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It was inevitable that some film and television projects would relocate production amid the COVID-19 pandemic, and it’s the case for two TV series.
HBO drama In Treatment, the reboot of which was recently announced, and TBS anthology Miracle Workers are both moving production to California thanks to the state’s tax credit program. In Treatment is coming from New York, while Miracle Workers is relocating from Czech Republic.
The two projects are among the first to be selected for the inaugural round of tax credits under California’s new film and television tax credit program 3.0, which launched on July 1 when the state’s new fiscal year kicked off. Under the program, relocating TV series receive a 25 percent tax credit for their first season of production in California, followed by a 20 percent credit for each subsequent season.
The two shows are expected to spend a combined $40 million on below-the-line wages and other qualified expenditures during their first seasons in California. Of course, their overall in-state spending will be significantly greater than that when you factor in above-the-line wages and other expenditures that do not qualify for incentives under the state’s limited tax credit program.
“Program 3.0 is off to a great start with the two relocating TV series announced today,” said California film commission executive director Colleen Bell. “As the industry adjusts to the circumstances presented by COVID-19, it’s encouraging to see projects reinvest here and bring new production jobs and spending to California.”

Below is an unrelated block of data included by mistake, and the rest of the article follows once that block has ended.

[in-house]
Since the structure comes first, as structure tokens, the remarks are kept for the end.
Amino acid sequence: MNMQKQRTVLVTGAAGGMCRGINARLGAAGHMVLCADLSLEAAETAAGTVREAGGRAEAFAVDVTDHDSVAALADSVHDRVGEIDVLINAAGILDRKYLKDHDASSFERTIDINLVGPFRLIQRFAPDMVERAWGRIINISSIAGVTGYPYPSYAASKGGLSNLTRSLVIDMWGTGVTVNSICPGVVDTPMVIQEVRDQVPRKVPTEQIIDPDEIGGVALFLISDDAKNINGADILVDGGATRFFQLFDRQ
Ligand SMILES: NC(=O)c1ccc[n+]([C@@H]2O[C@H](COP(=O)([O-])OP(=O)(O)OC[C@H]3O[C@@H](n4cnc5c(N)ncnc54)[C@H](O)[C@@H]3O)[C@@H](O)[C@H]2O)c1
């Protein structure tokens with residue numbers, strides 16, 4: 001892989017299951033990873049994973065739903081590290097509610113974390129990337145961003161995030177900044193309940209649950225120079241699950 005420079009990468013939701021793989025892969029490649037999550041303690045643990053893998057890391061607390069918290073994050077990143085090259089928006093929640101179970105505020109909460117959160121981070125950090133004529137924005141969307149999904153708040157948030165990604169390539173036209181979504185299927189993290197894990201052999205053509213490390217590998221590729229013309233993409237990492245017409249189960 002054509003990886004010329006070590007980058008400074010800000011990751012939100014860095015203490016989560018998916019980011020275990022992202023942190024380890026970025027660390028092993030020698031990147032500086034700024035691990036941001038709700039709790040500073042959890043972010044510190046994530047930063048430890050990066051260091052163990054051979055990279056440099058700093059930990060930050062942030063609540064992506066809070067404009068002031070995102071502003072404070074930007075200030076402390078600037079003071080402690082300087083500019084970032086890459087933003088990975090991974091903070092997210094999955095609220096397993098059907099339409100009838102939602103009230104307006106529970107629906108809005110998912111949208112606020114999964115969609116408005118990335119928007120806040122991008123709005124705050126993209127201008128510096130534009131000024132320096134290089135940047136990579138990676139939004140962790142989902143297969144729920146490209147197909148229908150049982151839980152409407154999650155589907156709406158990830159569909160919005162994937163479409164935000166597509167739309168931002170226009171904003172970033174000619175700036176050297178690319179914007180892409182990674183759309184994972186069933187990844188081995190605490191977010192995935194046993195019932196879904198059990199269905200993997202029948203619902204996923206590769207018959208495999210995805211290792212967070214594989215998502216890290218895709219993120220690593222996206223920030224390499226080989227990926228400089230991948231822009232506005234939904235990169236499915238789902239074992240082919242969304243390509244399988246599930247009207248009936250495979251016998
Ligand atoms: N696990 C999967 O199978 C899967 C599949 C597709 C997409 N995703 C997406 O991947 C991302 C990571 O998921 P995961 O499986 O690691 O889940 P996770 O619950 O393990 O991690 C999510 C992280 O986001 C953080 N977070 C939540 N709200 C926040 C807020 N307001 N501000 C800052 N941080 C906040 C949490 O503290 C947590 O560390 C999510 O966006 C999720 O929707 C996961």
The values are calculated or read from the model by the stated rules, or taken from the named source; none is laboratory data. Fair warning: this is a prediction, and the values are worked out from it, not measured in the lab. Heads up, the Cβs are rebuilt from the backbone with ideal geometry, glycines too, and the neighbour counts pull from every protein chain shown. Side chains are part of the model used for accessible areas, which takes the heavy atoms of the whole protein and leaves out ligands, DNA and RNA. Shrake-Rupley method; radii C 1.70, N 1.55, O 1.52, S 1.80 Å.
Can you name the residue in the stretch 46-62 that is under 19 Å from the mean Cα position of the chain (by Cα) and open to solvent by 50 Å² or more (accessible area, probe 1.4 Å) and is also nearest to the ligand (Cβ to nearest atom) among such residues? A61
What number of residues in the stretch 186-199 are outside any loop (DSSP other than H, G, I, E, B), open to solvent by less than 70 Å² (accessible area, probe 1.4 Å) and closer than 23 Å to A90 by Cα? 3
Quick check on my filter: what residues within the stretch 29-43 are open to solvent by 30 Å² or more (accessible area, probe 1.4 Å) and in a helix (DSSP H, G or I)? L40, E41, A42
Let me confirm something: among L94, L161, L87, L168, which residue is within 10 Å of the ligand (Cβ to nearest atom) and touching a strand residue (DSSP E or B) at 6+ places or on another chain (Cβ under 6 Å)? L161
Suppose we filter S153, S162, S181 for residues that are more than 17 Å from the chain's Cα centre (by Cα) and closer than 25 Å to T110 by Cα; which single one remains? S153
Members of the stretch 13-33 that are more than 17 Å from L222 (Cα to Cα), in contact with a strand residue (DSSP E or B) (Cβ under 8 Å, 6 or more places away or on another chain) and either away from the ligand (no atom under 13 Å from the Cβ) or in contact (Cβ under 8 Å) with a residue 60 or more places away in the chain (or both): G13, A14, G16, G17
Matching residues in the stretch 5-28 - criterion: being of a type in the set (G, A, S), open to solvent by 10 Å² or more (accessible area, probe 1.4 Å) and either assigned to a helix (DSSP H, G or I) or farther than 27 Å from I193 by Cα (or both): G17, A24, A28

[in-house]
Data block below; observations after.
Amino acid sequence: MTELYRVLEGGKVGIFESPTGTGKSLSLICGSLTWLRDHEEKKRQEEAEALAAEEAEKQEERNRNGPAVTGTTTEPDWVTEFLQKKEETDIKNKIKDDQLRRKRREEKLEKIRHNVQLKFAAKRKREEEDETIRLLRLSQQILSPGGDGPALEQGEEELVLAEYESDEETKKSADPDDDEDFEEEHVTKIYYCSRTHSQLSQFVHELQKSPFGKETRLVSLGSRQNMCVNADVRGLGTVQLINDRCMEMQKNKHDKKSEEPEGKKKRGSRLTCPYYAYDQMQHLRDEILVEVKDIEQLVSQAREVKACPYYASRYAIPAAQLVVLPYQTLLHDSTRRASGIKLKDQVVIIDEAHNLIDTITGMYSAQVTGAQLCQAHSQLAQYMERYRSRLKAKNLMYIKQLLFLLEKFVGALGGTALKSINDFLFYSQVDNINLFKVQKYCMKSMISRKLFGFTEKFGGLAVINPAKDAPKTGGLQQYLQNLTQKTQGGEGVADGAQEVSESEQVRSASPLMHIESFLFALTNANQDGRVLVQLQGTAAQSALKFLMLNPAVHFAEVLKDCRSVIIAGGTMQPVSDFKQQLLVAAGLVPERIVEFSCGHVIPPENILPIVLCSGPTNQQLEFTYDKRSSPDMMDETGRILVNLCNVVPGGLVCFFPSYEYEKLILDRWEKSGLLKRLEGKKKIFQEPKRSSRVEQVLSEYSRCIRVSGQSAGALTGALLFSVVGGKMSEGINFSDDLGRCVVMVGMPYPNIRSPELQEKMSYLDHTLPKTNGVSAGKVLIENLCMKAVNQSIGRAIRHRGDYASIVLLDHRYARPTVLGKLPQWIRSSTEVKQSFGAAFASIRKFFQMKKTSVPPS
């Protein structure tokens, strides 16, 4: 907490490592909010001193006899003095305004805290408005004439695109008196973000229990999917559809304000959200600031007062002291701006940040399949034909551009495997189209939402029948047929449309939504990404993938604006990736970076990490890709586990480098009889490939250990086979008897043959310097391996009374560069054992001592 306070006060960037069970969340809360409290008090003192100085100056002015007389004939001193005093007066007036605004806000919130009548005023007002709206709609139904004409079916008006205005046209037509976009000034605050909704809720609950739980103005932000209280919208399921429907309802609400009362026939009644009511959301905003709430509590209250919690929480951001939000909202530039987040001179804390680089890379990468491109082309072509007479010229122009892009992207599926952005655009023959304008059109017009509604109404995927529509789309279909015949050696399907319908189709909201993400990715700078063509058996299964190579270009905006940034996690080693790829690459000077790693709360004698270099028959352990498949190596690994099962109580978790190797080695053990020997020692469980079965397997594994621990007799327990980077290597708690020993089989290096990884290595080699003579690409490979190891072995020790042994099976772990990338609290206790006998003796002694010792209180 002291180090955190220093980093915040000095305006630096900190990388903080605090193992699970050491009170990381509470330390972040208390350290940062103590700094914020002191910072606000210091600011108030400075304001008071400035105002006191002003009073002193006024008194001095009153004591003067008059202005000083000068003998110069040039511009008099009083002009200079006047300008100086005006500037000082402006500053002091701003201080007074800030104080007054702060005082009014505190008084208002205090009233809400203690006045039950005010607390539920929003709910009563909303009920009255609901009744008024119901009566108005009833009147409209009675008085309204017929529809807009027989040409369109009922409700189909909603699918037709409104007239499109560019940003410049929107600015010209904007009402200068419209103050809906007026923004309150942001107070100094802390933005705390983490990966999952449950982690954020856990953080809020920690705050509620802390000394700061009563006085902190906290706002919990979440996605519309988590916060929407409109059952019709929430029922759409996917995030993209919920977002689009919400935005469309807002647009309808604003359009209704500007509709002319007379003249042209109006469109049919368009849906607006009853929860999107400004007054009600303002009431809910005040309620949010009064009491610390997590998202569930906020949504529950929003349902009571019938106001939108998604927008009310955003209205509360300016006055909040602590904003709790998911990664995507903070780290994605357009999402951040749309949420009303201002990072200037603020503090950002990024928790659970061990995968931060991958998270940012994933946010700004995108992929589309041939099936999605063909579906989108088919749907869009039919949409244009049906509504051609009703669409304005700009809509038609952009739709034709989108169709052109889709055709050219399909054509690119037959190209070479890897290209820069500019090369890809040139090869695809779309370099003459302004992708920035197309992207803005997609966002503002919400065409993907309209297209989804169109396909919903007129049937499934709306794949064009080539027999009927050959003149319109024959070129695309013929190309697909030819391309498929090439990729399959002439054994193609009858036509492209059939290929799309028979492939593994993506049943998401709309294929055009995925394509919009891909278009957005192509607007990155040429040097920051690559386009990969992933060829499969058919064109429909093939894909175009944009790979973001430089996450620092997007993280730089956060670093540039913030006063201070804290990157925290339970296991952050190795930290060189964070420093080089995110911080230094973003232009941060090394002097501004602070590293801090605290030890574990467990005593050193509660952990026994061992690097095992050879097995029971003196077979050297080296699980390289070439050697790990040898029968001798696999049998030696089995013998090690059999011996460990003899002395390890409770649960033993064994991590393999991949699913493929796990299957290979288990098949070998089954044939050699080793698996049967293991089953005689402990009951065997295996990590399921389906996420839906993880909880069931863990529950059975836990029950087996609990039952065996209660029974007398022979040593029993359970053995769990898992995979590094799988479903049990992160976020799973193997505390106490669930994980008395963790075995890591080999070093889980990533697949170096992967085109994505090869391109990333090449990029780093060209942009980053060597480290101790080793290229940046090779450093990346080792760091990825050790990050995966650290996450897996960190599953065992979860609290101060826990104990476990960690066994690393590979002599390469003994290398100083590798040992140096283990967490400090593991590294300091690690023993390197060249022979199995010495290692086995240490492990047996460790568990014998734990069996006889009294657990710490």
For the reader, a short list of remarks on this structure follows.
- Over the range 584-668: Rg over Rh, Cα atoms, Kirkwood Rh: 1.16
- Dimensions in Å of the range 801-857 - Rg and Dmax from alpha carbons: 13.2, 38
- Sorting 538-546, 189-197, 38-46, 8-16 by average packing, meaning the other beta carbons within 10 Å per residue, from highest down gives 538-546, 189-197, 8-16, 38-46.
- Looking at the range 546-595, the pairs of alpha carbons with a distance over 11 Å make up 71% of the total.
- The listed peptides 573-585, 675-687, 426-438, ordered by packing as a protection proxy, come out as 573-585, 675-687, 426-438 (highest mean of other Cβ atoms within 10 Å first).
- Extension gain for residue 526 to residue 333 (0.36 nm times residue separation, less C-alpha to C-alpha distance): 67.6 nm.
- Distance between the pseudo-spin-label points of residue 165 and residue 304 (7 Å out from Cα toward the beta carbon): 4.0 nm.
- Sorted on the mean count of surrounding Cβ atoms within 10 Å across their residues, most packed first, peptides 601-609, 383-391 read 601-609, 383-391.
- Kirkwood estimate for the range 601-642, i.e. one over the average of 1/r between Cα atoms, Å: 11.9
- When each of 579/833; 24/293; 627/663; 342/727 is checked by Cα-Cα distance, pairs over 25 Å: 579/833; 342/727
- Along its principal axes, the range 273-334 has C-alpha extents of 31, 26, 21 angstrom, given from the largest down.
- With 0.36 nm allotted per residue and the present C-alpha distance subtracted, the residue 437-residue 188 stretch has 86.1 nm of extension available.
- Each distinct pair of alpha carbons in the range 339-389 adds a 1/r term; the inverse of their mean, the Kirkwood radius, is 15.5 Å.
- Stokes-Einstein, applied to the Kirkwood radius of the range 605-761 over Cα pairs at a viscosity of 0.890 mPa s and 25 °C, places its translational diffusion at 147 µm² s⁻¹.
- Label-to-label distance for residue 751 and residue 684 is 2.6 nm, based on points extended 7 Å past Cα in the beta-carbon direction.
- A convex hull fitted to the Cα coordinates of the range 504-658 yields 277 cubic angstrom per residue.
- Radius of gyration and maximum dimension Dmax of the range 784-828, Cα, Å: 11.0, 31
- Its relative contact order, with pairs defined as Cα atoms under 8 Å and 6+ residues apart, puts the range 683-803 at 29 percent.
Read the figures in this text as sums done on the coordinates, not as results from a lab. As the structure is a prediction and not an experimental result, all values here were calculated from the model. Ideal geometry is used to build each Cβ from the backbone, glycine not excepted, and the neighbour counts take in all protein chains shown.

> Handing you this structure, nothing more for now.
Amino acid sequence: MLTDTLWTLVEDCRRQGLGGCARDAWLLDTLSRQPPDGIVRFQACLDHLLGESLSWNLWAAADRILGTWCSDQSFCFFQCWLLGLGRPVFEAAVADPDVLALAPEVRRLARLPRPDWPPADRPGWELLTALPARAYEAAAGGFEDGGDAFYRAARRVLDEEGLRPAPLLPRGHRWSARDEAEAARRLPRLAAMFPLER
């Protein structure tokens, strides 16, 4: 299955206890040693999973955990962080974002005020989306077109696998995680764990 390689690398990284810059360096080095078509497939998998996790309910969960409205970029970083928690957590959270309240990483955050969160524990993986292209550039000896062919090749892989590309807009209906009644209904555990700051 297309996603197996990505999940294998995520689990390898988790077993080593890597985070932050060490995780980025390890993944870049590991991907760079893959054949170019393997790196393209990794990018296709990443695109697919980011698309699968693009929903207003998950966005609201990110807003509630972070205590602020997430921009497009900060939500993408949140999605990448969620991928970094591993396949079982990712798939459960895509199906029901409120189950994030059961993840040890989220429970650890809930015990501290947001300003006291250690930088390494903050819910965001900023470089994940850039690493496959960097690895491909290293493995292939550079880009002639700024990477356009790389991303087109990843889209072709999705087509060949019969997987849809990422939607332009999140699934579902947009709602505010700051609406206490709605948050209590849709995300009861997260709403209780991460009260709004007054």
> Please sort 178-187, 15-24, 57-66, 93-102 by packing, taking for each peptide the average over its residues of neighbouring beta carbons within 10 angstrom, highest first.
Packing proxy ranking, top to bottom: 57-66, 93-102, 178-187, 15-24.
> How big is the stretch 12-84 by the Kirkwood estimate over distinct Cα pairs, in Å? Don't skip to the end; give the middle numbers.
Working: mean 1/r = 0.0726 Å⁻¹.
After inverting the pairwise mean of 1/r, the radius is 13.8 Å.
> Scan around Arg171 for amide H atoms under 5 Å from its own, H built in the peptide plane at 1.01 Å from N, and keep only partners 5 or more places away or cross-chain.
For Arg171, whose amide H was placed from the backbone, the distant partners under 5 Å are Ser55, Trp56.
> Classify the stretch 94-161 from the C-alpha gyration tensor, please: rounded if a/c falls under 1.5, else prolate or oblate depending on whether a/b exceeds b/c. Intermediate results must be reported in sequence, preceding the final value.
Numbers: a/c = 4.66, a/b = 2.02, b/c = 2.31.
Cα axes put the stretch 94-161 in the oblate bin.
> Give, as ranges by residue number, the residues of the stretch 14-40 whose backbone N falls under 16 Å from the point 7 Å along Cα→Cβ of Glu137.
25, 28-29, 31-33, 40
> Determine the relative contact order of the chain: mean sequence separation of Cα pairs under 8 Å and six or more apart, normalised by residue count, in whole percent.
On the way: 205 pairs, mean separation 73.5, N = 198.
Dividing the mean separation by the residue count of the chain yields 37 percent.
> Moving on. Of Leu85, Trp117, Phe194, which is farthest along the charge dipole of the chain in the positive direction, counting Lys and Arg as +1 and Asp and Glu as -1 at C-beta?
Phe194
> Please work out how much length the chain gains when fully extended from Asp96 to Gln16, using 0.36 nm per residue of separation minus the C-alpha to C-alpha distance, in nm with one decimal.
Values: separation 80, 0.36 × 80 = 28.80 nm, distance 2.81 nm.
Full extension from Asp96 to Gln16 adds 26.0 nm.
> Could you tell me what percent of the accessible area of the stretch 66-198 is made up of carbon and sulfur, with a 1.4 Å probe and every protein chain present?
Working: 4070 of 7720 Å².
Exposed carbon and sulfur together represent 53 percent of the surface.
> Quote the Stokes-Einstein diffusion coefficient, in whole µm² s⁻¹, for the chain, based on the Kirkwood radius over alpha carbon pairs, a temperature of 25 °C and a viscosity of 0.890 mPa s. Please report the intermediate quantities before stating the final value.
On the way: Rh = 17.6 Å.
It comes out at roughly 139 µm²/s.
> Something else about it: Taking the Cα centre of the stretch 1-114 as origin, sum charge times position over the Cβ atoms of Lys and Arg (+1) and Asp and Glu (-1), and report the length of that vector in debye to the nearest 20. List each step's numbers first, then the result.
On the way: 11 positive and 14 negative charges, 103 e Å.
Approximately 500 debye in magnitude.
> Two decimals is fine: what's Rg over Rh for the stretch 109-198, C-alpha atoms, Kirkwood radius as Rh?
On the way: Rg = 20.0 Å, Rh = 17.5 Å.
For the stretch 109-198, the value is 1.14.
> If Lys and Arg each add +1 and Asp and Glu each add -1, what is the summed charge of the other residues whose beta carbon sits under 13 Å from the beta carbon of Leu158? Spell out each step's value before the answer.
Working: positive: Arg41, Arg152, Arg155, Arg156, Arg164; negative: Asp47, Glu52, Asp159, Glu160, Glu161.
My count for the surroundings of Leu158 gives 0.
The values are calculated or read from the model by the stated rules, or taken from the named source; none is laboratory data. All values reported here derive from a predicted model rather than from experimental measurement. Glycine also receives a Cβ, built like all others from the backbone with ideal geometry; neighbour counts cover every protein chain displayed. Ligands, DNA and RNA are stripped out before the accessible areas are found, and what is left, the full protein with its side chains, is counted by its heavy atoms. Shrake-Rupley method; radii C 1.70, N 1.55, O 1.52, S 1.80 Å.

To date, California has welcomed a total of 20 relocating TV series from other states and countries. Some of the most notable ones over the years include Ballers, Veep, You, Lucifer, Legion and American Horror Story. In total, five have moved from New York and four have relocated from British Columbia.
“We are very grateful for the relocation incentive and the opportunity to base more production in California,” said HBO production executive vp Janet Graham Borba. “The state’s ongoing efforts to promote film and TV production have a very significant impact.”
The news of the moves come just as production is beginning to cautiously start up again in select territories. Industry leaders have been moving forward with plans to film, despite the continued surge in COVID cases in the U.S. However, some major studios — including Warner Bros. and Universal’s TV arms — have pushed their target shoot dates back a month to September.
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